As China imposes tighter controls on capital outflows, China’s global M&A activities may decelerate. However, German companies are likely to remain attractive targets for Chinese buyers for strategic, geopolitical, and business reasons.
Over the past decade, Chinese investments in Europe in general and in Germany in particular have grown rapidly. This deal flow has remained strong and has accelerated despite, or perhaps because of, the recent slowdown of China’s economy. In fact, Chinese investments in Europe have reached new record levels in 2016.
China’s continuing strong outbound investments need to be understood in the context of China’s larger challenge of significant capital outflows that have resulted in China’s foreign currency reserves dropping to the lowest level since 2011. In response, the Chinese government has initiated wide-ranging measures to limit capital outflows. These include restrictions on outbound investment activities by Chinese firms that, in turn, have led to concerns by some market observers that the halcyon days of China’s global M&A activities might be over.
In the case of Germany, however, there are good strategic, geopolitical, and business reasons to believe that German companies will remain attractive targets for Chinese buyers and that Chinese acquisitions of German companies will remain strong:
China’s long-term industrial strategy
China has launched an ambitious strategic initiative named “Made in China 2025” to achieve technological parity with the world’s leading industrialized economies. Technology upgrading via acquisition is an integral part of this master plan of establishing China as a global innovation and high-tech manufacturing leader. China’s investments in Germany are highly consistent with this industrial strategy. By and large, these acquisitions are not merely cash-generating assets such as hotels or real estate or vanity projects such as soccer clubs. Instead, Chinese companies have typically acquired knowledge-intensive manufacturing and process technology firms. The acquisitions of plastic and rubber machinery manufacturer KraussMaffei Group by ChemChina and of recycling and power generation specialist EEW Energy from Waste by Beijing Enterprises are good examples of this target type. Given the predominantly strategic nature of China’s M&A activities in Germany, it is less likely that similar deals will fall victim to new restrictions on outbound foreign investments.
Flight to quality
Given the rapid growth in China’s outbound investments, it is no surprise that some acquisitions have been of questionable quality and have resulted in a destruction of value for Chinese buyers, private and state-owned alike. The Chinese government has announced that it will tighten audits of foreign investments by state-owned enterprises. This could mean a shift in emphasis to favor high-quality take-over targets. In fact, many German acquisitions have been so-called “hidden champions”, i.e. global technology and market leaders in their respective industries. Midea’s take-over of Kuka, one of the leaders in the global robotics industry, is a case in point. Given intensified government audits of Chinese foreign investments and the resulting potential flight to quality in terms of acquisition preferences, German companies may well become even more attractive as take-over targets.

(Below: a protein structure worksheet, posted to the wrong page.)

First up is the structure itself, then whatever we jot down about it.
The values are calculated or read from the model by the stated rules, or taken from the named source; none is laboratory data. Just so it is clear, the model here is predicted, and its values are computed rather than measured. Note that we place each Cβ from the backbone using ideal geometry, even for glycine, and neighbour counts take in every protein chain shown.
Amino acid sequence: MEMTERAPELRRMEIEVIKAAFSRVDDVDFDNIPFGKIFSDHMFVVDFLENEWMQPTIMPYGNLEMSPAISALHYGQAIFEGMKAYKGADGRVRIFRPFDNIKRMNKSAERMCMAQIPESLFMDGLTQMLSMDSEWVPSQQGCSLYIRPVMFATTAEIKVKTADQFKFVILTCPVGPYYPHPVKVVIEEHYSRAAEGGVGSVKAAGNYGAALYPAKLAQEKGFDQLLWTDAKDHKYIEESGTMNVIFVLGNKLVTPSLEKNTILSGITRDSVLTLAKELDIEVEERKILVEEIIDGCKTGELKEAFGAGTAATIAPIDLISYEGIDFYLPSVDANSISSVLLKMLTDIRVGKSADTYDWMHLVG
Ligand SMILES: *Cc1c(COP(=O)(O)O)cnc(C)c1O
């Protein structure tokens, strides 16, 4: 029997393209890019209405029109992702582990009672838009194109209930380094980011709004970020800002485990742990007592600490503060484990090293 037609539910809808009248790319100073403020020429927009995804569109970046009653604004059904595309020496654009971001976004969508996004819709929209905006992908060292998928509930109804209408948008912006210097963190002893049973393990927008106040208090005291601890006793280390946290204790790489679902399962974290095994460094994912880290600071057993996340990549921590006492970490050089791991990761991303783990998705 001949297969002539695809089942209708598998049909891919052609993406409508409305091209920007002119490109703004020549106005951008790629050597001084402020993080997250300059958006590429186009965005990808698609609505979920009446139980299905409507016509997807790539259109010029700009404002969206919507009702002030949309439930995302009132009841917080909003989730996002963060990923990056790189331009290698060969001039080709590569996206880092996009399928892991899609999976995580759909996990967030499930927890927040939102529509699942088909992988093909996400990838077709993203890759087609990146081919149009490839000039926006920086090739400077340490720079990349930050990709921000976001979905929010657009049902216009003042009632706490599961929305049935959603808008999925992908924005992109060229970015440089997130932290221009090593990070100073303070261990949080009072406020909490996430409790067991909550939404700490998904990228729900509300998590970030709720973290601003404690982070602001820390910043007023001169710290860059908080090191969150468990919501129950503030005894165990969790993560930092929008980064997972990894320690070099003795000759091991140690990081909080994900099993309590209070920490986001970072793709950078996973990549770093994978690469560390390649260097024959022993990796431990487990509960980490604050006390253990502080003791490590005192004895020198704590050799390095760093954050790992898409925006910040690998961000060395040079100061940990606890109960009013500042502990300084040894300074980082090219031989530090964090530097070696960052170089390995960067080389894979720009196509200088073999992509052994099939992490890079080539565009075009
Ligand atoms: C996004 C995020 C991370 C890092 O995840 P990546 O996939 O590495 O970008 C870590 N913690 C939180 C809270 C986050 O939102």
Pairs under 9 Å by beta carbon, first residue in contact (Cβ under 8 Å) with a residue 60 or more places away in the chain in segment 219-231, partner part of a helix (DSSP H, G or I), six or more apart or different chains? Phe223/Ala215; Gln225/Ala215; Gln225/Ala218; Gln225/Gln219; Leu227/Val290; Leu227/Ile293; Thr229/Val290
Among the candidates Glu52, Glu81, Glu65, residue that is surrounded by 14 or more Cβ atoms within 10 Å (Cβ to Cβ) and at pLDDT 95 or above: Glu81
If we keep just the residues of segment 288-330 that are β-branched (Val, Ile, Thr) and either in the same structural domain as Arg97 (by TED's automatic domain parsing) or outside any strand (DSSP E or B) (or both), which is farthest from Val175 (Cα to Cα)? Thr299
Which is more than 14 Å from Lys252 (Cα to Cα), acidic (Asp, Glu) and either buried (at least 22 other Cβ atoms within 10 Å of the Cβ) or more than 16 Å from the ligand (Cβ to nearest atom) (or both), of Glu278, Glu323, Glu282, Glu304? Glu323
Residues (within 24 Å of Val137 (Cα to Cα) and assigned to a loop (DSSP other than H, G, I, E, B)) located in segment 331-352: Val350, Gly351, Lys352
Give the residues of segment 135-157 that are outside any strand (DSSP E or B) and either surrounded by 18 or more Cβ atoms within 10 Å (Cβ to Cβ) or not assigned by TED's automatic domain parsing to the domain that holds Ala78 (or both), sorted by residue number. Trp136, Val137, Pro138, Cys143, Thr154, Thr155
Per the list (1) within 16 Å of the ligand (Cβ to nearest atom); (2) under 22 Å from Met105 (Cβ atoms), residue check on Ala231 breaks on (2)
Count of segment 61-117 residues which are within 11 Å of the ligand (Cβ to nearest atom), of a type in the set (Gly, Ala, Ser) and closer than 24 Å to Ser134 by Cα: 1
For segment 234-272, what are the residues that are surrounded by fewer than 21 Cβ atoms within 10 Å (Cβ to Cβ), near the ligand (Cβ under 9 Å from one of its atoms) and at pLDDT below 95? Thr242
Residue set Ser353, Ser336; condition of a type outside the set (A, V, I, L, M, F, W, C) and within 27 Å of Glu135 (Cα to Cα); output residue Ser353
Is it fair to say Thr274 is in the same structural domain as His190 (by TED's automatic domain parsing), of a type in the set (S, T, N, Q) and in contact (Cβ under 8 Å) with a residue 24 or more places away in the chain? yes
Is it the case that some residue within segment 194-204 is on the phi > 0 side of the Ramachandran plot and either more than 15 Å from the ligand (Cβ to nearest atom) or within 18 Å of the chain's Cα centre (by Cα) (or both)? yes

Given the outcome of the American presidential election, U.S. trade and investment policies toward China are expected to become more hawkish. A potentially tougher U.S. approach to China is likely to impact the viability of Chinese acquisitions in the U.S. as well. The political risk associated with acquiring and selling an American company could become significantly higher, both for the Chinese buyer and the American seller. This increased political risk of making deals in the U.S. could lead to a decrease in relative attractiveness of U.S. acquisitions for Chinese companies and, in turn, could make deals in Europe, including in Germany, more attractive. Significant Chinese financial firepower that has been trained on the U.S. market for corporate control so far could be re-allocated to potential European and especially German acquisition opportunities instead.
Virtually no take-over of a German company by a Chinese buyer has been hostile so far and previous owners have mostly been willing sellers. This willingness to sell to Chinese investors has been driven by a broad range of factors such as the desire to restructure impaired assets, to gain a foothold in the Chinese market, and to secure access to financial resources for future growth. Also, in light of the succession issues faced by many German family-owned companies, one of Germany’s most prominent corporate leaders has pointed out that a strong Chinese investor can be a better alternative than an inadequate family successor. Given these supply-side factors it appears likely that many German firms will continue to be willing sellers.
China’s measures to control capital outflows are likely to impact China’s outbound foreign investment activities in general. However, in the specific case of Germany, there are good strategic, geopolitical, and business reasons to believe that German companies will retain, if not gain, attractiveness as potential targets of Chinese buyers. So even if the 2016 deal-making record will not be topped again in 2017, and barring any geopolitical shocks, Chinese acquisitions of German companies are likely to remain strong.